Nov 05 2011
For the past few weeks, floodwater has been rushing towards Thailand’s capital (and today it continues to do so). Tales — and rumours — have spread of what this means for animals, such as the poisonous green mamba snakes rumoured to be swimming around and fully-grown snappy crocodiles on the loose wanted back alive by their owners.
Rumours started circulating on the intertubes Wednesday of the green mambas slithering around in the floods — with people wondering how on earth they could be true. After all, we are in Thailand, they are from a far-away continent, and most airlines don’t allow snakes on a plane (caution: link contains very explicit language and possibly very, very disturbing imagery).
But officials declared that 15 green mamba snakes, two big guys and 13 “babies”, ranging from one to two metres in length, did possibly flee from a flooded building in Pak Kret, Nonthaburi. Ever since, pictures of these bright killers been all over the news, and even on the screens in the BTS.
Victims of a green mamba snake bite have about 20 minutes to seek treatment before the poison seeps into their nervous system, leading to death. The Ministry of Public Health has FedExed a few bottles of serum from South America in case of attack, which arrived yesterday. Given the congested traffic and flooded roads, however, the time frame required to get to the hospital could be the part that’s tricky — or deadly. While no snake bites have been reported, Chisanu Tiyacharoensri, vice president of the Wild Animal Rescue Foundation of Thailand, reportedly urged people to avoid the snakes (sound advice) and to clean the wound with soap and water before seeking aid (Ed: yes, in 10 seconds flat).
The snakes are known to hang out in trees and shrubbery, so do stay away from your guesthouse’s potted plants for a while. Luckily, these mambas are known to practise reptile etiquette and will not attack unless provoked. Nonthaburi Governor Wichian Phutthiwinyu is on it: on Friday he put together a special green mamba hunting team. If you notice something long, green,and slithering, consider calling 1131, 1363, or contacting the Zoo and Wildlife Veterinary Society.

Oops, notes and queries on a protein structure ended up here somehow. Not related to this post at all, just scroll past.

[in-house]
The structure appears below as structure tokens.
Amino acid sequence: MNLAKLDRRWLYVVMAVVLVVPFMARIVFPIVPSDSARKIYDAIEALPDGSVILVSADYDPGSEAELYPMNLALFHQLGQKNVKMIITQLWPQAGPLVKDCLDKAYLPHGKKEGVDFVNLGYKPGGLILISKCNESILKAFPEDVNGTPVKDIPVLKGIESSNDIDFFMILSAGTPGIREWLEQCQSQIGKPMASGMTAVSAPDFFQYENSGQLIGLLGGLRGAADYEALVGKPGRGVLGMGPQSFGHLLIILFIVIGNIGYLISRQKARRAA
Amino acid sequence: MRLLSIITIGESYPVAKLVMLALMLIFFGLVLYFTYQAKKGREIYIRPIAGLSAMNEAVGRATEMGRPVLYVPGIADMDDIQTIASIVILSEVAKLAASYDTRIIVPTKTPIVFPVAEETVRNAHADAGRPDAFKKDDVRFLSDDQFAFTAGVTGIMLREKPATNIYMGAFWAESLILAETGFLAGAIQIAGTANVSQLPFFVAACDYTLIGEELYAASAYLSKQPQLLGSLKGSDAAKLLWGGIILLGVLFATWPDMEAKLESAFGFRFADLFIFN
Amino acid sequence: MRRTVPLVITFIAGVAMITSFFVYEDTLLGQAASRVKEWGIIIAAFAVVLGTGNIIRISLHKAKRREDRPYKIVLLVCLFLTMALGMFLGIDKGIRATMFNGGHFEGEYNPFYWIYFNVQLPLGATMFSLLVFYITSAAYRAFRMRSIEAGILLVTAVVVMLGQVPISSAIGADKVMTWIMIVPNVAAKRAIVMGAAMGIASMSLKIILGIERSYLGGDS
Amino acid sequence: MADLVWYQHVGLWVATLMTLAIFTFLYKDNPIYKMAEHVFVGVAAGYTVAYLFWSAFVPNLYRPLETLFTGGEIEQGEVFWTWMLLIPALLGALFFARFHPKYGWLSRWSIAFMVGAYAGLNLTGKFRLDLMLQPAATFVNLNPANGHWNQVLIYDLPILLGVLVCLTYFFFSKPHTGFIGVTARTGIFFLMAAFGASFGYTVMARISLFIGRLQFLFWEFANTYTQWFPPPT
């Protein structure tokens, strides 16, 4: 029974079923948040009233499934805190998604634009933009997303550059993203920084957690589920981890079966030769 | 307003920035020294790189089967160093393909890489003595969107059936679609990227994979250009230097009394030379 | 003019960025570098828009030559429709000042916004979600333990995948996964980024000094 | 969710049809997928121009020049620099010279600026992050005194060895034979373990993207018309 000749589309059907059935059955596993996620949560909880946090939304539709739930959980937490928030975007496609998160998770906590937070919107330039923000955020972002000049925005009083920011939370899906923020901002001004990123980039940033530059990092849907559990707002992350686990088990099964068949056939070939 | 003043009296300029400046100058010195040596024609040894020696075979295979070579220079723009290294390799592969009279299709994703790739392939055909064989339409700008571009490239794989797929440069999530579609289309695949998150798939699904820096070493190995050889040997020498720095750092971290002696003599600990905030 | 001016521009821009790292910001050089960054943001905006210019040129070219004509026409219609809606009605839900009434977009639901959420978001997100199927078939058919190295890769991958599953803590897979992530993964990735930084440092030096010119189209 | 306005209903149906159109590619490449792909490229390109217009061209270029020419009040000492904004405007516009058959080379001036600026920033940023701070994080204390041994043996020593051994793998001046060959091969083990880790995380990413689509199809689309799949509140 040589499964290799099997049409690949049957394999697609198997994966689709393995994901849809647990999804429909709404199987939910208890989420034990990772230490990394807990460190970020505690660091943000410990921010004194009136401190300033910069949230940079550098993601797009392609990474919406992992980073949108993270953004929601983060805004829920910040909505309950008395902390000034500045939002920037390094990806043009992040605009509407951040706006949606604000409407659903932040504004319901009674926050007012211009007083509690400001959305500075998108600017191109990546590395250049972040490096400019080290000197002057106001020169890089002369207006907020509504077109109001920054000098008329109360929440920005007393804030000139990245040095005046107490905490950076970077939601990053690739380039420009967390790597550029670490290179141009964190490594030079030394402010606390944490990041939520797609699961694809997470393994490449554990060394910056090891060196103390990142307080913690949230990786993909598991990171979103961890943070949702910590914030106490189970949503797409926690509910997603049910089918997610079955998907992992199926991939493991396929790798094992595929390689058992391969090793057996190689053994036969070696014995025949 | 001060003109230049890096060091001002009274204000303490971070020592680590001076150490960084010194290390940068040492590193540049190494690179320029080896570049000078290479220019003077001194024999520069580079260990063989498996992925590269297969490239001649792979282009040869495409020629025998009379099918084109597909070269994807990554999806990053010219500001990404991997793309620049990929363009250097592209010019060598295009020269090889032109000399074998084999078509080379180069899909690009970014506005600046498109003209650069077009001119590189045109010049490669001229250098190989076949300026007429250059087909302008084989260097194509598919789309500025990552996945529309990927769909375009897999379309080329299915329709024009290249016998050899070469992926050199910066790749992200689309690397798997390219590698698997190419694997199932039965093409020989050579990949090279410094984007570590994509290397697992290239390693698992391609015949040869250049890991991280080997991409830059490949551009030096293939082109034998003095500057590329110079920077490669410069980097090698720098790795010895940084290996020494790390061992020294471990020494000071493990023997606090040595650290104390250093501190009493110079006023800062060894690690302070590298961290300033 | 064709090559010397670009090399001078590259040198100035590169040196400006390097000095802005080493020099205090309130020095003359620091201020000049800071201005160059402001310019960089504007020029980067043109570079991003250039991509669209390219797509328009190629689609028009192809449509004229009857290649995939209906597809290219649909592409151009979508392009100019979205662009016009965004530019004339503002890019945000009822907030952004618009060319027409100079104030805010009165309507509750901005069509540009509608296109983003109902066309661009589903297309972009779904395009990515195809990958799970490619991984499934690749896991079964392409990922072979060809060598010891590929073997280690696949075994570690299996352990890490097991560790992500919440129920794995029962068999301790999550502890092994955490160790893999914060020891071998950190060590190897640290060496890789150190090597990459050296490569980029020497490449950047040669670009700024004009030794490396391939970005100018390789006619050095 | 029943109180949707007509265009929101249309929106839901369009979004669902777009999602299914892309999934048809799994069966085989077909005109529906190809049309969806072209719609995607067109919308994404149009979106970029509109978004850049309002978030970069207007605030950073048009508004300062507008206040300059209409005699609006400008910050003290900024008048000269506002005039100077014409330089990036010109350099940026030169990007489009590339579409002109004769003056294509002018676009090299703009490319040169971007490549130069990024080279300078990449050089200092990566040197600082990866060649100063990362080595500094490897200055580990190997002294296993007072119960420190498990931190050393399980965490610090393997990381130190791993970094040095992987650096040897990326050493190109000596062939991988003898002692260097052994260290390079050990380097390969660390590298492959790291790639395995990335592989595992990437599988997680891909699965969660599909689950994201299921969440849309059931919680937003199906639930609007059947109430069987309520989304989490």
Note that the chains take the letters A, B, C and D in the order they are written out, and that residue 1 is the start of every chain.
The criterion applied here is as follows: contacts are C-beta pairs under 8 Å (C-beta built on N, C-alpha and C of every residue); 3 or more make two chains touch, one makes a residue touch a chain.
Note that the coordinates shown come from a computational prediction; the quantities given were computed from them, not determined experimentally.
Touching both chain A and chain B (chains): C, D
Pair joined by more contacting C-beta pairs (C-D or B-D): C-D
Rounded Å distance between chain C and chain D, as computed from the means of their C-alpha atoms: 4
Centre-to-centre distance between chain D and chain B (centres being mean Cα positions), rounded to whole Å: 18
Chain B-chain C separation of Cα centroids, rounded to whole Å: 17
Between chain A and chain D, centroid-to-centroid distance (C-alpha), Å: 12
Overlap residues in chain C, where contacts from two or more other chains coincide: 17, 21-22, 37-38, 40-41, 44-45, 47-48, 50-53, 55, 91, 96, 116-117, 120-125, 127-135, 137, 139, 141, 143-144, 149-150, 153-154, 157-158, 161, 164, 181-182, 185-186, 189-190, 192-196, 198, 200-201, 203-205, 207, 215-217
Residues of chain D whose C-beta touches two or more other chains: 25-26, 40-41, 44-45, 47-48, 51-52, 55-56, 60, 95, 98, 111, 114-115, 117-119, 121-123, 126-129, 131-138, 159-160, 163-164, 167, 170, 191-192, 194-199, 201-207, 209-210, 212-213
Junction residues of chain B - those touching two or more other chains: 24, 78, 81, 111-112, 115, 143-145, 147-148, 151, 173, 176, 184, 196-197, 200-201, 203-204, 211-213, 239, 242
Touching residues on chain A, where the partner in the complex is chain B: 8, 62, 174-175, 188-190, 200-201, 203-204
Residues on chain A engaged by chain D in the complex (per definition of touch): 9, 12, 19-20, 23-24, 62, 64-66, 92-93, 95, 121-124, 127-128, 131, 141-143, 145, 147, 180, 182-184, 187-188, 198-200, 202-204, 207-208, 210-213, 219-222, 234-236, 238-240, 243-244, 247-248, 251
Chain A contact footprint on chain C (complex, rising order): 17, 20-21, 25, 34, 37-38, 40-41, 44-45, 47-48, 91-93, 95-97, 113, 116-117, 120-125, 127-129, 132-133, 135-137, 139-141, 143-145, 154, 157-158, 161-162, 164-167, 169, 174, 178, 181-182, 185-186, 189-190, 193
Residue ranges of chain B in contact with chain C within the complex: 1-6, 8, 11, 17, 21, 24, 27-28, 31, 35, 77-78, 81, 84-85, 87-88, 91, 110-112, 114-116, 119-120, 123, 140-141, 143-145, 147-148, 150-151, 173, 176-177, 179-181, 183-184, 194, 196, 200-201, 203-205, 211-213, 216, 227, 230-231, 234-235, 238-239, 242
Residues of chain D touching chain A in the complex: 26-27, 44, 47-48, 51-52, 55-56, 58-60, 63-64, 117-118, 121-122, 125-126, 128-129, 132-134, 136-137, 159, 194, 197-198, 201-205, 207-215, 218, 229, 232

It’s beginning to feel like a zoo in Bangkok. As reported in the Wall Street Journal last week, more than 100 crocodiles raised on farms for their skin to be used in shoes and handbags have escaped into Bangkok and its northern provinces. Crocodile catchers have used electric shocks and bullets to catch the reptiles and bounties of up to 5,000 baht are being offered by some government officials.
Meanwhile the wildlife park of Safari World in Klong Sam Na, northern Bangkok, was submerged earlier in the week, causing the animals to become panicky and try to flee. Safari World decided to not evacuate the animals — we’re talking tigers, zebras and buffalo — but rather to move them to drier patches within the grounds. The beluga whales and dolphins are underwater and doing fine.
Along with heaps of festering garbage and faecal matter, dead fish have floated to the surface in flooded areas, adding to the concern of toxins and diseases in the water. But the fears do not end there; one can only imagine the numbers of rodents and cockroaches on the way once the water subsides.
As for our furry friends, many efforts have been made to assist abandoned dogs. See our post on helping out and if you see a dog or cat in need, call the following hotlines may help: 087 186 8804 , 085 161 3988, 087 577 6807 (courtesy of @annnation_nt oon Twitter).
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